“This year has gone smoother than last year,” said Paula Meredith. She and Julie Clemens served as co-coordinators under Scherer-Berry this year. They are both capable of running the project in future years. Meredith is from the United Pentecostal Church in Bourbon, and Clemens and Scherer-Berry are from the First United Methodist Church there. Although the Methodist church provides space for the TCP, it is a community-wide endeavor. Other churches participating include the Country Church in Bourbon and the Etna Green United Methodist Church. Businesses such as the First State Bank and Robin’s Nest support the effort monetarily. Clubs and organizations which also donate include the Etna Green Lions Club, the Bourbon Kiwanis club, the Bourbon Cub Scouts, and the Bourbon Girl Scouts. In addition, a wide variety of individuals and families, both within these organizations and without, sign up to provide the coded presents.
Hands-on labor is provided by 30 to 50 individuals. On Dec. 19, workers assembled to load the food baskets; Dec. 22, several teams fanned out to deliver food and presents to recipients. Although the deadline for applying for assistance for this year is passed, residents are urged to consider contacting TCP next year.
New this year is a ramped-up effort to provide lunch foods for families during Christmas break from school. Items such as cereal, pasta and meatballs, and Ramen noodles were heavily requested and stocked. Most of the food items were purchased from the Neighborhood Center with donated money. Most individuals are not aware that the Neighborhood Center, through the Northern Indiana Food Bank, can provide food items at half or one fourth the cost of the same item bought individually at the grocery store, thus greatly multiplying the amount of food which can be purchased.
The matter of confidentiality is observed in the sign-up process. Triton School Corporation, while not allowed by law to give names of families on free or reduced lunch who might be interested in the TCP, can and does send a letter to such families announcing the TCP application process. Families then voluntarily complete the application and return it. Only those families who choose to apply are known to the TCP.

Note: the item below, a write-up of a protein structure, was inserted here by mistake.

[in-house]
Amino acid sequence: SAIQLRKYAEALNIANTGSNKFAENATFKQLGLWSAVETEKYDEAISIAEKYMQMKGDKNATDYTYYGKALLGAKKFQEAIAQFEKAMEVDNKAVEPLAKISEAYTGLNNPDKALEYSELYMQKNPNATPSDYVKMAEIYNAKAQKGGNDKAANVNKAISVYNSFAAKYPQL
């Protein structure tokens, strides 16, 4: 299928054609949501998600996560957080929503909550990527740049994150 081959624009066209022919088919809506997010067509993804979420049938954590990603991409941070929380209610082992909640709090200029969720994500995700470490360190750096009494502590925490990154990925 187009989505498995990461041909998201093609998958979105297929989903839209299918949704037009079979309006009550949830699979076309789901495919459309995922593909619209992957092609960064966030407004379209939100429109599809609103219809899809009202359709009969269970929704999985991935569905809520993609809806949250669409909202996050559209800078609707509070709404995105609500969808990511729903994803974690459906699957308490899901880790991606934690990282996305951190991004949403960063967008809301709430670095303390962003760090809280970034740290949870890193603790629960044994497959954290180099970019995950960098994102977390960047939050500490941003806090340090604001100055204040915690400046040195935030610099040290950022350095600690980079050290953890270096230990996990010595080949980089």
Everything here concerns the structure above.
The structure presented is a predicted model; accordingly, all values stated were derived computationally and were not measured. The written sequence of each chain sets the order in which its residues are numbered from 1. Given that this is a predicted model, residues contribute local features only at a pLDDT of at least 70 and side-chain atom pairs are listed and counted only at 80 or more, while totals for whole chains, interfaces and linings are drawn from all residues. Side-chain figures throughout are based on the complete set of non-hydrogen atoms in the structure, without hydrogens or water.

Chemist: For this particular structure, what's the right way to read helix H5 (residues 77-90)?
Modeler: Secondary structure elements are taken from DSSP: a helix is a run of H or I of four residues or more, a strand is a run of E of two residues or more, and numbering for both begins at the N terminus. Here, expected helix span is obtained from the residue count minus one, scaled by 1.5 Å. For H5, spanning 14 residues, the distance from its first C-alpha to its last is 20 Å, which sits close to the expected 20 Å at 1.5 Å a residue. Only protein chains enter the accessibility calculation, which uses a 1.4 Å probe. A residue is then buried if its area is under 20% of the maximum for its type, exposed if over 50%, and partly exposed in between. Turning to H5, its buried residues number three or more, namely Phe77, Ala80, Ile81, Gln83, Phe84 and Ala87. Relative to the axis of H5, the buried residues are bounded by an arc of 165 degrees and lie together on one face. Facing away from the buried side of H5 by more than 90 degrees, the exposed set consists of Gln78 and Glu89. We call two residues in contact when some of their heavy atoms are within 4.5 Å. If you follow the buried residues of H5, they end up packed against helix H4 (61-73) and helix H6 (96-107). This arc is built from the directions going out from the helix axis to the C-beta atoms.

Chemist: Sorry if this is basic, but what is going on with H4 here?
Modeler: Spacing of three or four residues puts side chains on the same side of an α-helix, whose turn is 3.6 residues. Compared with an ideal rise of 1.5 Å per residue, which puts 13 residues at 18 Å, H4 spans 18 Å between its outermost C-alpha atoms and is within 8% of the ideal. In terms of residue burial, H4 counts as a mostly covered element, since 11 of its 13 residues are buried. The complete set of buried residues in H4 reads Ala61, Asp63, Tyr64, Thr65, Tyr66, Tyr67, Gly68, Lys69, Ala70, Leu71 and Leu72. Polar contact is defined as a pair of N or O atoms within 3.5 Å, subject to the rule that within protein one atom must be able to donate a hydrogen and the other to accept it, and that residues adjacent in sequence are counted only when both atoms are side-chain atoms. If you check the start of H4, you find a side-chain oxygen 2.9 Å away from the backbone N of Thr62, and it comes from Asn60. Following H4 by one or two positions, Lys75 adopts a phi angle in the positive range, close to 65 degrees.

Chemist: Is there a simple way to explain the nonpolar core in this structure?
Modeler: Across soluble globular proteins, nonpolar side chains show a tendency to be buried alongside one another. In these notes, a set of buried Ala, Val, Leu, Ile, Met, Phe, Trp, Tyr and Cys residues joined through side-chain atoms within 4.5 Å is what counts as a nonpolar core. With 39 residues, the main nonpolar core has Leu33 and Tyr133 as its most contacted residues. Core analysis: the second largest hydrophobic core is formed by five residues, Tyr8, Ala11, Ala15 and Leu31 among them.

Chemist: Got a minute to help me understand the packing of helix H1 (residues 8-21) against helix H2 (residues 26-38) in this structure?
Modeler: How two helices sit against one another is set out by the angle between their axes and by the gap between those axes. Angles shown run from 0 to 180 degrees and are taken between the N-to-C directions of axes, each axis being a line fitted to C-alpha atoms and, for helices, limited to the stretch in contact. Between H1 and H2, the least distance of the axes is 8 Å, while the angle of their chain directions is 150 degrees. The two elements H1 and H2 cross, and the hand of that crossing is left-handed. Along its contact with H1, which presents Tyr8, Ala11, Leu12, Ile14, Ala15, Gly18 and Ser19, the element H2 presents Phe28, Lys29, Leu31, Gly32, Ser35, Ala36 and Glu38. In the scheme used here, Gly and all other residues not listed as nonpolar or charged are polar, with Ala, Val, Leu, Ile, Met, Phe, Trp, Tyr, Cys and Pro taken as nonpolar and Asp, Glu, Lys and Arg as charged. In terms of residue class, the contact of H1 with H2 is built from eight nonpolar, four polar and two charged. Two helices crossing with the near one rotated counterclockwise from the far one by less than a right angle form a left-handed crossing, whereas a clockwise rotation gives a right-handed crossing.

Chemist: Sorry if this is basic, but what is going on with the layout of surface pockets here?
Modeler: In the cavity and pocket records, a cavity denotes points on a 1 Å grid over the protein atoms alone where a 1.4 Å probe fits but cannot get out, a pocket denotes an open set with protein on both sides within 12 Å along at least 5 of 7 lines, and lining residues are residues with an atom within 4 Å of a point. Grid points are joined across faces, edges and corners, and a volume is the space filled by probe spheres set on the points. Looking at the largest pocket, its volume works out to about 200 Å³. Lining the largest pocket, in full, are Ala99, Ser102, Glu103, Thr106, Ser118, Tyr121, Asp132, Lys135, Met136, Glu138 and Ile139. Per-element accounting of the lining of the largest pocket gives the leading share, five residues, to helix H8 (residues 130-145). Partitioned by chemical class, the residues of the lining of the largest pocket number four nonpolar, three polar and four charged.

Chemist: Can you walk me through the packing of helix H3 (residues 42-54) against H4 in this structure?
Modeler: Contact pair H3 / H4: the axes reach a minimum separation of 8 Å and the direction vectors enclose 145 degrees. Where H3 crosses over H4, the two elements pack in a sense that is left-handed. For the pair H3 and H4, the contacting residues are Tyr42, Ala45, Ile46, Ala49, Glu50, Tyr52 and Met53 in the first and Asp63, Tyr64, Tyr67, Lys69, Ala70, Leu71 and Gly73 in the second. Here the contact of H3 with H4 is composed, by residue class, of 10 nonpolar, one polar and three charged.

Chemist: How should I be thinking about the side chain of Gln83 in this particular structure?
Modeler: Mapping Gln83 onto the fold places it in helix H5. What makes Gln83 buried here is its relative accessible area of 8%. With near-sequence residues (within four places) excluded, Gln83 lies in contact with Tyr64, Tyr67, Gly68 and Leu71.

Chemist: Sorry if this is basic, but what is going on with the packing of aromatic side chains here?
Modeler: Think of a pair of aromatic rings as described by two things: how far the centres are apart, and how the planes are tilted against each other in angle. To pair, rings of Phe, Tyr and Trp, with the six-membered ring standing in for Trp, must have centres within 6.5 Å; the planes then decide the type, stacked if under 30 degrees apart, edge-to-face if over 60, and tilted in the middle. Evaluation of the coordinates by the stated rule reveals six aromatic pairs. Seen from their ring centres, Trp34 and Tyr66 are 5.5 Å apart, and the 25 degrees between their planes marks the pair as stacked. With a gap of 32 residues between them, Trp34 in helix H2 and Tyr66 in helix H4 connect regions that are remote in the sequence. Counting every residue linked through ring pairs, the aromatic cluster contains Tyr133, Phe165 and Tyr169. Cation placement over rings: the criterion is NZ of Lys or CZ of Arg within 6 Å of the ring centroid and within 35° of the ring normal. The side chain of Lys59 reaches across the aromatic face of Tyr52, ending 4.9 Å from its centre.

What about plans for next year? The Triton Christmas Project will certainly take place again, and will serve those struggling families who choose to apply. So far, no family which has applied has been turned away. As for Scherer-Berry, she said: “I don’t need to be the person in charge next year. We have competent, trained leaders who are capable of leading the Triton effort.” The Neighborhood Center Board would like to expand the Christmas project concept to all of Marshall County. The feeling is that other communities are similar to Bourbon, Etna Green, and Tippecanoe in that confidentiality will be paramount. The Triton approach seems most feasible for other smaller towns as well.
Scherer-Berry has offered to advise and train other towns in the Triton method. The board has on its drawing board plans to start at least one new Christmas project in a different location. When it comes to the Christmas celebration, the Community Christmas Coalition realizes that everyone deserves to have a joyful holiday. Through its coordinating efforts, all Marshall County communities will eventually be able to help those in need at Christmas.